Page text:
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This Liberal Billionaire Just Bought a Whole Bunch of Coal Company Stocks

George Soros has pledged to invest $1 billion in renewables, but he recently purchased a million and a half shares in the two largest US coal companies.

by Matt Smith
Aug 21 2015, 8:05pm

Photo by Andreas Gebert/EPA

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Beset by a boom in natural gas and a rising interest in clean energy, King Coal is losing his grip on his throne.

One of the industry's biggest players has gone bust. Other heavyweights have seen their stock prices plunge into the single digits.

And now liberal billionaire George Soros, a major green power booster, is buying into the dirtiest fossil fuel in a big way.

A Securities and Exchange Commission filing at the end of July showed Soros Fund Management recently bought more than 1 million shares of Peabody Energy, the largest US coal producer. His company also bought more than 500,000 share of Arch Coal, the industry's No. 2 player.

At late-July prices of about $1.20 a share for Peabody and less than $1.90 for Arch, the buys were pocket change for Soros — like stopping off for a few lottery tickets on the way home from work. The Hungarian-born financier and conservative bogeyman has a personal fortune that Forbes estimates at more than $24 billion.

But since Soros pledged to invest $1 billion in renewables in 2009, and has been a vocal supporter of action to head off the threat of carbon-driven climate change, his new interest in the struggling coal sector has raised some eyebrows.

"The markets and public opinion have made it crystal clear that investing in coal is a bad bet, as the smart money is going to the booming clean energy economy," Bruce Nilles, the senior campaign director for the Sierra Club's Beyond Coal Campaign, said in a statement e-mailed to VICE News.

Related: The US coal Industry Is Shuttering Mines and Its Market Value Is Plummeting, Says a New Study

Steve Piper, an industry analyst at SNL Energy, said Soros might be making a two-pronged play: If the industry recovers, he makes money; if it doesn't, he can use his holdings to press the companies to make changes.

"He could agitate for more investment in carbon capture and sequestration, more involvement in producers beneficiating coal from an environmental perspective, or pursuing technology such as gas to liquids or coal to liquids, which might have higher value in the long term and potentially a better environmental footprint," Piper told VICE News.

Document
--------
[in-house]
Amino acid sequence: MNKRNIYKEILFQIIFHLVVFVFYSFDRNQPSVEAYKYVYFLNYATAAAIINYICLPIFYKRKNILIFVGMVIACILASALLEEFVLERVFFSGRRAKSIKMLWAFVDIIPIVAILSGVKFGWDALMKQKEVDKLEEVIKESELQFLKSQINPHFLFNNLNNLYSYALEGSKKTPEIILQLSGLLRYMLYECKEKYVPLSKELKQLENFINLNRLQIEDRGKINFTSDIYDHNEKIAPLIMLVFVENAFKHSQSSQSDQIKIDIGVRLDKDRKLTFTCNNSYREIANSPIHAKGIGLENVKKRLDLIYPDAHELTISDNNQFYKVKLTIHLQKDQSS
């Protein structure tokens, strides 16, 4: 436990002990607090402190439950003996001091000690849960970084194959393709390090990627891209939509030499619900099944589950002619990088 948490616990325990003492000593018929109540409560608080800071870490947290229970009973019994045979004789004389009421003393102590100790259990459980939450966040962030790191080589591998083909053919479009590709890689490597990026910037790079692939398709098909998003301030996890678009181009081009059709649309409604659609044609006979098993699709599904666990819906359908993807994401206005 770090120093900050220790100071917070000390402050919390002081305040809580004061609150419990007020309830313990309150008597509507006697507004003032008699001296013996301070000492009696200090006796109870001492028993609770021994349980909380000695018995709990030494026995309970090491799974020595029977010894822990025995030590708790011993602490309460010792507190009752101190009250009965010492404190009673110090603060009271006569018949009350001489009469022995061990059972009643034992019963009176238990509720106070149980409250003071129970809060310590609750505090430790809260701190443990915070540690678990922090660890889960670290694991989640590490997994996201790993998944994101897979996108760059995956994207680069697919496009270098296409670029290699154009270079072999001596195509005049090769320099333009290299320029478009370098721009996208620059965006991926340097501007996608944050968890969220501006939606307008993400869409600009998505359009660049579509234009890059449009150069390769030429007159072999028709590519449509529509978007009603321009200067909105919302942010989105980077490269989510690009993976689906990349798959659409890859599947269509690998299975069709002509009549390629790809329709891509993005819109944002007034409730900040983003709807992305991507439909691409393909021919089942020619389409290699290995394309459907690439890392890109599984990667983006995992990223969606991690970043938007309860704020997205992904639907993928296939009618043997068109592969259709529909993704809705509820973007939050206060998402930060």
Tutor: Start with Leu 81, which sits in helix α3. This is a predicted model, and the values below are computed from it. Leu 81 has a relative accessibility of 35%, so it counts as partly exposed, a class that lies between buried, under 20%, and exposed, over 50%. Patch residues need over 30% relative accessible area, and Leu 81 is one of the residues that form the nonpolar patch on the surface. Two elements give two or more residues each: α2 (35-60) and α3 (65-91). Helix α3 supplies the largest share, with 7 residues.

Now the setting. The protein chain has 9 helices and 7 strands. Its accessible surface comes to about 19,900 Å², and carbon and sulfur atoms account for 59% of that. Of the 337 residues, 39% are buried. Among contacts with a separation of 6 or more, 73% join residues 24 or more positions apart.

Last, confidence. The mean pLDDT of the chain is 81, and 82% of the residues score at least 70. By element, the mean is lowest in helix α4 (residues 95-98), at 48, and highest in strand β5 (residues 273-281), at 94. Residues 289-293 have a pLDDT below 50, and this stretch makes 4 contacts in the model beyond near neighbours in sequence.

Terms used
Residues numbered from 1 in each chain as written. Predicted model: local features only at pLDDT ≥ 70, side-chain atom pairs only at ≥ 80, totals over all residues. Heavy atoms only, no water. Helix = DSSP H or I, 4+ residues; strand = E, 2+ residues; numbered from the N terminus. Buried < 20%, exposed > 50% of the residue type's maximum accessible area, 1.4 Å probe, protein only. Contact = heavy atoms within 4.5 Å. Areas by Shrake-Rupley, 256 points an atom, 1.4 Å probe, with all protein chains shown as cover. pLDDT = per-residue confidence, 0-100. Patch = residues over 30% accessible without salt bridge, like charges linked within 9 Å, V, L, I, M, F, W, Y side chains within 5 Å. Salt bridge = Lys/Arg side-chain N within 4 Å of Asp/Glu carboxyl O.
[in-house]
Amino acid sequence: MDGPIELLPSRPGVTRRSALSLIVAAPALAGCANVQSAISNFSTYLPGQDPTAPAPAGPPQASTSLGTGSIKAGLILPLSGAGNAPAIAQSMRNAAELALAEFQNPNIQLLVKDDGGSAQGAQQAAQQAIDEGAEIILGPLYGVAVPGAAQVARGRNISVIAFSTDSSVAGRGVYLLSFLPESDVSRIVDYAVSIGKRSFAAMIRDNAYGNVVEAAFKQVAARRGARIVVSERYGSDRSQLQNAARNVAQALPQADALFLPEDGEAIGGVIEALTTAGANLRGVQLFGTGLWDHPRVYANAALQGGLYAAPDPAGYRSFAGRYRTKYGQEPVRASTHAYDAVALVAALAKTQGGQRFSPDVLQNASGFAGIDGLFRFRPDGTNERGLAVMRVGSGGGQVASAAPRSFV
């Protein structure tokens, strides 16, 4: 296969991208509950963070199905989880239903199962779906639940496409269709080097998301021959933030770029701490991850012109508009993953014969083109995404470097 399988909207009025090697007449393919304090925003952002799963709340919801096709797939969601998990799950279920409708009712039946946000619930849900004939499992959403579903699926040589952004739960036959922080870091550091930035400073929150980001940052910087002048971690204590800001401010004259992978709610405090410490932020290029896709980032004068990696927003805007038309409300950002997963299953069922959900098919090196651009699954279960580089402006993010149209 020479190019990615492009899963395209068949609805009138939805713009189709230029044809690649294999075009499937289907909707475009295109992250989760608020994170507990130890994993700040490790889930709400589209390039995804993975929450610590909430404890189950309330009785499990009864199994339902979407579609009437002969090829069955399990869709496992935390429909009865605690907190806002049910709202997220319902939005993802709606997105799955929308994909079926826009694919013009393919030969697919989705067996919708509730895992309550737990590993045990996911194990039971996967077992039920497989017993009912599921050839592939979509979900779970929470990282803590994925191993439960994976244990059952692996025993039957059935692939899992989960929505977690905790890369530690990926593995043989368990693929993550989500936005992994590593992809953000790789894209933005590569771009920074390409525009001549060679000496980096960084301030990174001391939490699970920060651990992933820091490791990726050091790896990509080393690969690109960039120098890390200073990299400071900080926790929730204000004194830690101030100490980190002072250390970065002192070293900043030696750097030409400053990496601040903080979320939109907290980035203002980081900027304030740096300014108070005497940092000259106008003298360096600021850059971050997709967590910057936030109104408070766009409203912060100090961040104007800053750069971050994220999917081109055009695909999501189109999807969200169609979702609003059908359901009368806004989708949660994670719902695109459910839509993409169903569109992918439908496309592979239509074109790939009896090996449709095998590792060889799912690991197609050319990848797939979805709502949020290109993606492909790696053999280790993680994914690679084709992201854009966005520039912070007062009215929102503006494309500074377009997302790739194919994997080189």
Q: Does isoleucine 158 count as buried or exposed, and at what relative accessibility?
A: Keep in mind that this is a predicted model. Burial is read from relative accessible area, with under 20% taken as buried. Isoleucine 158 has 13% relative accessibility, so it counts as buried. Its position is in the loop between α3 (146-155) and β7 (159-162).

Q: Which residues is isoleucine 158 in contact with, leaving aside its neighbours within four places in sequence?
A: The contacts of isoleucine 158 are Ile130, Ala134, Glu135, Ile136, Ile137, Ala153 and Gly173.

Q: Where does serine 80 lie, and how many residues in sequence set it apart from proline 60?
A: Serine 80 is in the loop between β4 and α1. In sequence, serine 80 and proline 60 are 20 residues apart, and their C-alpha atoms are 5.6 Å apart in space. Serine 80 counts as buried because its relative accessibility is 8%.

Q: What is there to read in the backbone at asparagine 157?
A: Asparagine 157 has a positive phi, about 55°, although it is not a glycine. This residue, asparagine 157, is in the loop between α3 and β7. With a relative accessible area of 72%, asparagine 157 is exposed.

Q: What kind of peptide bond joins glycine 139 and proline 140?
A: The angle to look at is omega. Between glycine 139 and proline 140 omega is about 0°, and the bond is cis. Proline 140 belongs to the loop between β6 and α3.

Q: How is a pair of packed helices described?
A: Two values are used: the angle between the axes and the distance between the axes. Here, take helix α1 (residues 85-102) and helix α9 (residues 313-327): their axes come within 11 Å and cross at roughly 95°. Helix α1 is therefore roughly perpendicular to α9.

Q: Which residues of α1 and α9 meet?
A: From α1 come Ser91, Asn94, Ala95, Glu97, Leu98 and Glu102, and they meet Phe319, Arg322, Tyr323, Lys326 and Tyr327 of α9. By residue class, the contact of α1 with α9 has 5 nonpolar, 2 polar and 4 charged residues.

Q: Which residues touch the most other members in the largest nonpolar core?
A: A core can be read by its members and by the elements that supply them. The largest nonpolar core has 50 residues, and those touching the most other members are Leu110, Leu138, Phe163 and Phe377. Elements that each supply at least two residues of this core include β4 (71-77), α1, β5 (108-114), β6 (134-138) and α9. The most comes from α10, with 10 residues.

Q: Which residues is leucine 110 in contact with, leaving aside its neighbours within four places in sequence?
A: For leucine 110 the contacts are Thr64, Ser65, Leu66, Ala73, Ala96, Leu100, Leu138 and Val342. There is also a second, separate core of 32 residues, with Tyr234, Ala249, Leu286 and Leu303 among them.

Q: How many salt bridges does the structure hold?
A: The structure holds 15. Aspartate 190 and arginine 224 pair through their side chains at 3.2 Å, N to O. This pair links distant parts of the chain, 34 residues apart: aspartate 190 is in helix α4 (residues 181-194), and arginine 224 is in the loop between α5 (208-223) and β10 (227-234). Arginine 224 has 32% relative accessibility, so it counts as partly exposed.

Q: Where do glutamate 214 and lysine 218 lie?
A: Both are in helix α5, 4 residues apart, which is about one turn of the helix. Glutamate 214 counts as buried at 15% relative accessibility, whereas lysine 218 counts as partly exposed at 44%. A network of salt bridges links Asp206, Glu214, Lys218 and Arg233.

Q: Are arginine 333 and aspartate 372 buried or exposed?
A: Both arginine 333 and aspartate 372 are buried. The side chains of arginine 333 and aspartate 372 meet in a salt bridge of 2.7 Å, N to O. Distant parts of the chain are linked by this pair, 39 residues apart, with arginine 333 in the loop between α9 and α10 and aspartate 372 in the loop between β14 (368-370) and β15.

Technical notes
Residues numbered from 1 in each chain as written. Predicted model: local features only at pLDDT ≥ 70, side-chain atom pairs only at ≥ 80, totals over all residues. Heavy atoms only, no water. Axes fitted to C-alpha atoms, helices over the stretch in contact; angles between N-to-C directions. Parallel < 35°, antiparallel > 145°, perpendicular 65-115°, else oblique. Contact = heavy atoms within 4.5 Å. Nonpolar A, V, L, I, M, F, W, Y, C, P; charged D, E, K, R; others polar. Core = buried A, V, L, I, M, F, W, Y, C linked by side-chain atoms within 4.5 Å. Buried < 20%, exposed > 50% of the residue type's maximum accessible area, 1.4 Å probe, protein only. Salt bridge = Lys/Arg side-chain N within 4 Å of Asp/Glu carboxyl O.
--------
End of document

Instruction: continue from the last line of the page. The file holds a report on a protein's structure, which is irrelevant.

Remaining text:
The shares Soros bought up aren't commanding. They amount to about 2.5 percent of Arch and less than 1 percent of Peabody. But as one of the most prominent figures in business, he "punches above his weight," Piper said.

If coal continues to struggle, Soros could push them to close less-profitable mines and producing less coal from more efficient sources.

"You could argue there is an environmental benefit there," he said. Of course, closing down mines means fewer jobs in place like West Virginia or eastern Kentucky.

"It's not without consequence, obviously," Piper said. "But coal companies are trying very hard to do exactly that. They've been cutting back for the past three years in an effort to get ahead of this declining market, There's probably more in store."

Related: This Material Can Remove Carbon Pollution From the Atmosphere

American coal production dropped under a billion tons in 2013, the lowest number in 20 years, according to the US Energy Information Administration. Cheap, abundant natural gas, which has roughly half the carbon emissions, has cut sharply into its share of the power-plant market. The Obama administration's latest rules for reducing CO2 are likely to reduce that even more. And another of the industry's heavyweights, Alpha Natural Resources, filed for bankruptcy at the beginning of August.

Companies hope the rising economies of Asia and Africa will provide a market for the black rock. But they've made little headway against Indonesian and Australian producers — and in the developing world, solar energy is becoming cheaper and competing neck-and-neck with coal for new capacity, Bloomberg's New Energy Finance group reported in June.

If the industry does bounce back, its biggest players — like Peabody and Arch are poised to reap much of the gains, Piper said. Those firms own the largest mines in the American West — including in Wyoming's vast Powder River Basin, where the coal is lower in sulfur and mercury than in the Appalachians. Peabody also has holdings in Australia, giving it more of an international profile, Piper said.

But Piper conceded, "At the end of the day, I can only speculate about what the Soros firm might be thinking about."

What the VICE News documentary Toxic Waste in the US: Coal Ash here:

Follow Matt Smith on Twitter: @mattsmithatl

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